Tom Behan

Il Divo

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Director Paolo Sorrentino; Release date: 20 March

This is an Italian film about an Italian politician, Giulio Andreotti, and as such risks travelling badly - which would be a shame.

There can't be many politicians left in Europe like Andreotti, the star (il divo) of this film and the dominant figure in politics for nearly six decades. He first became a government minister in 1945, a position he held 25 times, as well as being prime minister of no less than seven governments. You name a world figure - he has met them: Eisenhower, Nixon, Gorbachev, Saddam Hussein, Mother Teresa.

Anything Goes

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Review of 'Not A Normal Country', Geoff Andrews, Pluto Press £15.99

If you're going to write a book about contemporary politics you need a publisher committed to getting it out quickly. Congratulations to Pluto, then, for bringing this out in less than six months rather than the norm, which can inexplicably be a year or more. This book needs such speed - it is mainly about Italy over the last five to ten years, written from the left.

Italy: Berlusconi's Political Capital Goes into the Red

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The man who according to Forbes magazine is the 25th richest person in the world seems to be having a few problems lately.

Although his personal income last year was a mere € 13 million, he's just sold off a cool € 2 billion of shares in his major holding company. But is this man really in big trouble and what is he going to do with all this money?

Italy: A General Offensive is Needed

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The newsreader on the main Italian lunchtime news on 30 November began with the following words: 'This news bulletin will be shorter than normal due to strike action by journalists and technicians in support of today's general strike.

The shop stewards committee at RAI [the Italian equivalent of the BBC] authorises me to say that it fully supports today's action and calls for the government to withdraw its budget and start a policy for real economic development.' The country was at a standstill: trains, buses and aircraft all came to a halt.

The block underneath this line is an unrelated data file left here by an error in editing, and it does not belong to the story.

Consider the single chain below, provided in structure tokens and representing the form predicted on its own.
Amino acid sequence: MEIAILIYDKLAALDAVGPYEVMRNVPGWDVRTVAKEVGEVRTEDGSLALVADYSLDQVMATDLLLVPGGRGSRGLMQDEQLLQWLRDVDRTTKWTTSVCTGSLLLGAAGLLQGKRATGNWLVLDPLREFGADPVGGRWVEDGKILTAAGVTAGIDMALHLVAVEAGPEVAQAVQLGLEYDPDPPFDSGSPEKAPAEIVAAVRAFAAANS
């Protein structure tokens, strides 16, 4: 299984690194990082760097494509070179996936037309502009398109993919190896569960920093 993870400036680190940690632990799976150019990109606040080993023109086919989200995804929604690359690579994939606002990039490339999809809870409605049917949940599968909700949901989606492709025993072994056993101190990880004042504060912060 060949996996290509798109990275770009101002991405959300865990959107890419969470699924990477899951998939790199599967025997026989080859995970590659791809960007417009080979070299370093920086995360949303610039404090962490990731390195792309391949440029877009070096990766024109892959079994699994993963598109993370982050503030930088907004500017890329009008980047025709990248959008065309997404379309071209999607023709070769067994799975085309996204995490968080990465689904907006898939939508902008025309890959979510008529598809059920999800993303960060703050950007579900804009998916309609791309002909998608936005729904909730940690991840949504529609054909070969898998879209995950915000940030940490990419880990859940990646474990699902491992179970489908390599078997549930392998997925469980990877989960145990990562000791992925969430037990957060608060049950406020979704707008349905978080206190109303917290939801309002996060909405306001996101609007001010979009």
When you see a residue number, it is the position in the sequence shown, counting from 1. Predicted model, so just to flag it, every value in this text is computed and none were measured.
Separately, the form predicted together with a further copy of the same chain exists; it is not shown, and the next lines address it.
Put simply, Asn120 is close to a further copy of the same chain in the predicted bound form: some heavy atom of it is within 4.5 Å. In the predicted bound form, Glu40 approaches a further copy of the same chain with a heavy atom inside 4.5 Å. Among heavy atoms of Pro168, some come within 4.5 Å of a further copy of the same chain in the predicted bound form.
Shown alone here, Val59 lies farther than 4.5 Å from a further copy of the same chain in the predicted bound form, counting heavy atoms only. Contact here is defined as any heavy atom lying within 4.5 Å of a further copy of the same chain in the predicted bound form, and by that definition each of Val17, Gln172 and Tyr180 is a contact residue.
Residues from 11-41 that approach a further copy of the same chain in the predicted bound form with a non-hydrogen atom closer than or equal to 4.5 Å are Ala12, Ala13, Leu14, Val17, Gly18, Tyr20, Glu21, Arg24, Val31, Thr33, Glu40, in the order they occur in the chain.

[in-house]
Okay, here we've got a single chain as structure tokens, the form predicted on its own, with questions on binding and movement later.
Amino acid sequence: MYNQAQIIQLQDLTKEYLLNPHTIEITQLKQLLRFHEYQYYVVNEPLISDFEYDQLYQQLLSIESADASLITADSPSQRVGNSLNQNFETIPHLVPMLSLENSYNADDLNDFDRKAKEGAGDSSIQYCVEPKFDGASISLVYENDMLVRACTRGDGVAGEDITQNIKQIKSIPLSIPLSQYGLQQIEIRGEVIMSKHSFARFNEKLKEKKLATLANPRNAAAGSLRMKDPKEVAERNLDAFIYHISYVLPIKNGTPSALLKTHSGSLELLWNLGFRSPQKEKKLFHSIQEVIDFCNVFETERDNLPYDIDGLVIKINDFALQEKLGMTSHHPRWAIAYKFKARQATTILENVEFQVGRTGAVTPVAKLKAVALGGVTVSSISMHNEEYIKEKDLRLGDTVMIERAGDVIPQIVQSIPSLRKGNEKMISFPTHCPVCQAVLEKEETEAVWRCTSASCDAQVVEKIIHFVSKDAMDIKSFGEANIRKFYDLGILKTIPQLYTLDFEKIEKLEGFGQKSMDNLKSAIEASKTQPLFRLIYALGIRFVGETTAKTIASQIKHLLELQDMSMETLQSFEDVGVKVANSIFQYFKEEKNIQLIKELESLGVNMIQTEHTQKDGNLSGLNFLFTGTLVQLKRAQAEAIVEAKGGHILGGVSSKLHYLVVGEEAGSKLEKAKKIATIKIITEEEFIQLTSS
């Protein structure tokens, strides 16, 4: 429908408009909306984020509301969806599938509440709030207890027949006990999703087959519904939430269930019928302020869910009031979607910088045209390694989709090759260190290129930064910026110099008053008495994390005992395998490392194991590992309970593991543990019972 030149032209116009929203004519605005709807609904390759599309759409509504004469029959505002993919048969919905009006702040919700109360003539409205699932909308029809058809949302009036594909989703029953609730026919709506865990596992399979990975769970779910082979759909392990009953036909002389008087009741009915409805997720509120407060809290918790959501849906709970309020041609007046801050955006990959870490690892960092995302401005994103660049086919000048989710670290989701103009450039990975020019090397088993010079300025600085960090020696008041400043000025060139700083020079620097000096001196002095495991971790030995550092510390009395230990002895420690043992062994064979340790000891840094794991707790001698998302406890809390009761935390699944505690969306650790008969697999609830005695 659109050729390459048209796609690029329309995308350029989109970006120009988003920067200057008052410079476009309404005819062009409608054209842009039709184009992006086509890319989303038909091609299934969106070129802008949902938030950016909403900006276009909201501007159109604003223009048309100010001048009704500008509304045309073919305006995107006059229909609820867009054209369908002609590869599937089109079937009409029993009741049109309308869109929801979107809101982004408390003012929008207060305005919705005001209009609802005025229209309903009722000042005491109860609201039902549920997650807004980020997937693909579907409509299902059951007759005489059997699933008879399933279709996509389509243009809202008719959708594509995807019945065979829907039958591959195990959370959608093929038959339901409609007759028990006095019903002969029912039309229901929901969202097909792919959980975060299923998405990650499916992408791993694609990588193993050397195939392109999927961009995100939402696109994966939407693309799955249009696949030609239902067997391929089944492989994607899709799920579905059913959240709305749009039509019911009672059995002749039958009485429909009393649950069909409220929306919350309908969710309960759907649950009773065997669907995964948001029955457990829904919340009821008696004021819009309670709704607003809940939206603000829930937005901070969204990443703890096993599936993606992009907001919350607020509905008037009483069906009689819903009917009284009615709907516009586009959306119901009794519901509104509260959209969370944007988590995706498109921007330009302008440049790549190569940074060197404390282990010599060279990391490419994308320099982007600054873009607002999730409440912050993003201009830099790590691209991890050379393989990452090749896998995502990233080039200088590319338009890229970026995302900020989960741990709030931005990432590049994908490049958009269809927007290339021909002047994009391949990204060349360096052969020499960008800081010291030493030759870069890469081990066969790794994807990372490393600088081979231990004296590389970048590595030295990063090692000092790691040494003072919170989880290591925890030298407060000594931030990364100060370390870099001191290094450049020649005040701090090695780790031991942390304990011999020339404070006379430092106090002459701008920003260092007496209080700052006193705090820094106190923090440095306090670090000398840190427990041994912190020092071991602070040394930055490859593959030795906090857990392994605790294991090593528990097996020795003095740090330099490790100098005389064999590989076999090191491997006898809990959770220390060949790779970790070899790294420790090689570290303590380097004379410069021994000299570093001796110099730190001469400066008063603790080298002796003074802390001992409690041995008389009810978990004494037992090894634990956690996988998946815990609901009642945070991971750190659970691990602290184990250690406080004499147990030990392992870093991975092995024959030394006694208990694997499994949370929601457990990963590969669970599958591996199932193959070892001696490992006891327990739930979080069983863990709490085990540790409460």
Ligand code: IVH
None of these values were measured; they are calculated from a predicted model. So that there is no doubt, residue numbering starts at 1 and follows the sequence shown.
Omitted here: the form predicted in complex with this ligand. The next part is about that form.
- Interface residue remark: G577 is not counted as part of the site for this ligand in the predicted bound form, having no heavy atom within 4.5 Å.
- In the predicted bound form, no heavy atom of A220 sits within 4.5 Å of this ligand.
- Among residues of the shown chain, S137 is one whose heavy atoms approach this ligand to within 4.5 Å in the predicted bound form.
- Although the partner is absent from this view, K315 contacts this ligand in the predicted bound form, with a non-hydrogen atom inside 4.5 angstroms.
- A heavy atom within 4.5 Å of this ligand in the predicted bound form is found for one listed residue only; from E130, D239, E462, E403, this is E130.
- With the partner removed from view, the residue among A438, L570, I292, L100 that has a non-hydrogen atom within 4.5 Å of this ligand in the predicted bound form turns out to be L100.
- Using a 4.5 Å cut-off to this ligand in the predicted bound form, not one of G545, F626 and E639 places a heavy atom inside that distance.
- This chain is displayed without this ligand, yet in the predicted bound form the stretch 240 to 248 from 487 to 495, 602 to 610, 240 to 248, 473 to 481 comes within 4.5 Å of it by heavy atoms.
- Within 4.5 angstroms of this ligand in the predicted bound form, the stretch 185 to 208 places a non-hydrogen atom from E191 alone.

Italy: Preparing a Warm Welcome for Bush

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In Italy problems are mounting up for Tony Blair's ally Silvio Berlusconi.

Last month workers scored a big victory. On the industrial front, both Berlusconi and his business allies must have thought they had ridden out the worst of the storms of protest that have characterised his government. After four general strikes in two years, the explosion and then decline of the social forum movement, the opposition had no clear victory to point to.

Italy: We are All Subversives

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Berlusconi's right wing government is cracking down on protesters, but opposition is growing.

Twenty activists from the Italian anti-capitalist movement were arrested by masked police in the early hours of Friday 15 November, while another 22 were notified that they were under investigation. Some of the accusations are laughable, like throwing vegetables at policemen and going to a demonstration 'armed with a pumpkin', but they are also facing very serious and very political charges, such as 'subversion against state authority'. This is a fascist law dating back to 1930, and carries a minimum sentence of five years.

European Social Forum: Meeting of a Multitude

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All eyes will be on Florence this month when the European Social Forum comes to town. Tom Behan analyses the Italian left while Andrew Stone talks to some activists who will be attending.

The vast majority of people at the European Social Forum (ESF) will be Italians. While I haven't the space to teach you Italian, I can provide some background on the largest organisations likely to be active in Florence

Anti-capitalism - Florence: planning the shape of Europe's future

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The echoes of last year's anti-capitalist protests in Genoa are still being felt all over Italy.

They were heard quite literally last month in Florence, during the first showing of the film Carlo Giuliani ragazzo, a documentary about the last day in the life of the protester who was murdered by the police. Some 2,000 people packed into the city's largest theatre and gave the director a standing ovation.

Creating a New Canvas

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At last month's Globalise Resistance conference in London, and at the European Social Forum mobilising committee meetings in London, proposals have been put (and defeated) about setting up an English Social Forum.

The argument is unlikely to totally disappear, so the experience of the social forum movement in Italy needs to be assessed critically.

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